US says tanker spotted in Syria shows Iran deceitful

In this file photo taken on August 18, 2019 an Iranian flag flutters on board the Adrian Darya oil tanker, formerly known as Grace 1, off the coast of Gibraltar. (AFP)
Updated 14 September 2019

US says tanker spotted in Syria shows Iran deceitful

  • US says has evidence Iranian ship transferred its oil to Syrian regime
  • An Iranian vessel was held for six weeks by the British overseas territory of Gibraltar

WASHINGTON, LONDON: Gibraltar acted in good faith when it released the Adrian Darya 1 tanker and Iran broke assurances it had given not to sell the crude oil to Syria, the British territory’s maritime minister said on Friday.

British commandos on July 4 seized the supertanker, formerly named the Grace 1, on suspicion that it was en route to Syria in breach of EU sanctions.

Gibraltar released it on Aug. 15 after getting written Iranian assurances that it would not discharge its cargo of around 2 million barrels of oil in Syria.

“We released the vessel in good faith based on assurances given by a sovereign nation,” said Gilbert Licudi, minister with responsibility for port and maritime affairs.

“The information we have is that despite the assurances that were given to the Gibraltar government that the vessel would not unload in Syria it appears that is what has actually happened,” he told Reuters on a visit to London.

Iran’s envoy to London said on Wednesday — after being summoned by Britain’s Foreign Minister Dominic Raab — that the Adrian Darya 1’s cargo was sold at sea to a private company, denying Tehran had broken assurances it had given over the vessel, adding that the EU’s Syria sanctions did not apply to Tehran.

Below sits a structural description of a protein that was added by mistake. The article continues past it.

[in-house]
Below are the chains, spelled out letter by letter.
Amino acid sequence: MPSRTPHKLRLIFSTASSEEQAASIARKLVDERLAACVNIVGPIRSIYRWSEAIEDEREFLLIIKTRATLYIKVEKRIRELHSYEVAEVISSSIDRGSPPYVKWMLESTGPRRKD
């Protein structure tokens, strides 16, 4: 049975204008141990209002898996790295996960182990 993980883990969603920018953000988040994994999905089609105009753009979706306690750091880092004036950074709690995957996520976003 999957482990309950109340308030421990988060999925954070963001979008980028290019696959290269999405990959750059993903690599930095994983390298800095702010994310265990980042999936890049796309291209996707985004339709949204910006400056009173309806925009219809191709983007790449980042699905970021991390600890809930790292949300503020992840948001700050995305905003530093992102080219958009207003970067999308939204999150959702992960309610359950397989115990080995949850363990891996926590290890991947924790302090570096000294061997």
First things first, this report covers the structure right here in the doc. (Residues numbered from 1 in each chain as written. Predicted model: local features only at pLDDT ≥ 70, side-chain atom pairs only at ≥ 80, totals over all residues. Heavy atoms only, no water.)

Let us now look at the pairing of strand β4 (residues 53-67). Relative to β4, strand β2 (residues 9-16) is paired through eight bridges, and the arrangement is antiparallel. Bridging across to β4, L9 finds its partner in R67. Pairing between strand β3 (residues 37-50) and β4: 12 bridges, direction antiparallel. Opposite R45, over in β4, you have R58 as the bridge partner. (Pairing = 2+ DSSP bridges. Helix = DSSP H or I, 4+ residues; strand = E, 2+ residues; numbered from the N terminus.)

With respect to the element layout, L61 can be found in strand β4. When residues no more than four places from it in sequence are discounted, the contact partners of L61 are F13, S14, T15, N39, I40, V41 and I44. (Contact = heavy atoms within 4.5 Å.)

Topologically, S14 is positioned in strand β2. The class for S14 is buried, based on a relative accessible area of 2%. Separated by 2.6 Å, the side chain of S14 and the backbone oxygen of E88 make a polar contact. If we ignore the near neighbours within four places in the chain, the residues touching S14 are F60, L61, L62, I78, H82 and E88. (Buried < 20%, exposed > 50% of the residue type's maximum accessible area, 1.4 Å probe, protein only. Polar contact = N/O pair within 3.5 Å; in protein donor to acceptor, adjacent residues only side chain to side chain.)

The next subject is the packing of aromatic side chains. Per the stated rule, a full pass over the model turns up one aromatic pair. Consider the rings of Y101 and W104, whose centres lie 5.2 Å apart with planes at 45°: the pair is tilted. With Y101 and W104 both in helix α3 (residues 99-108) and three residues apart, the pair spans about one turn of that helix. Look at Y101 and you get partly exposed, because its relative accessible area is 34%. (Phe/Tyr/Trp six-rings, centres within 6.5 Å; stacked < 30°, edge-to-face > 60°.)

Licudi said he did not know “for a fact” whether the ship had discharged the cargo at sea.

“It does not necessarily have to be in port, it can be ship-to-ship transfers in different amounts of cargoes and then it is delivered,” he said.

The US State Department said on Thursday Washington had evidence that the tanker had transferred its oil to the Syrian regime.

The tanker’s last reported position off Syria’s coast was on Sept. 2 before its public tracking transponder went dark, Refinitiv data showed.

“I think the importance here to our friends around the world in the international community is to note that once again you have been lied to and misled by the Iranian regime,” State Department spokeswoman Morgan Ortagus told reporters.

Gibraltar refused a US request to seize the tanker in August, saying it was unable to comply because it was bound by EU law. 

“There was certainly no pressure from the US or from anybody else or even the UK. This was a decision that had to be taken because of our international responsibilities and our international obligations.”

“The Iranian regime broke its word and appears intent on fueling the Assad regime’s brutality against the Syrian people, who continue to face widespread violence, death and destruction,” Ortagus said.

President Donald Trump’s administration has slapped punishing sanctions on Iran after walking away from a multinational accord on ending its nuclear program.

But Trump has recently said he is open to meeting Iran’s leadership after France proposed an initiative aimed at lowering tensions.

Iran has rejected the authority of Gibraltar authorities to seize the ship, calling it an act of piracy.

Iranian foreign ministry spokesman Abbas Mousavi said Sunday that the Adrian Darya had “reached its destination and the oil has been sold,” without providing further details.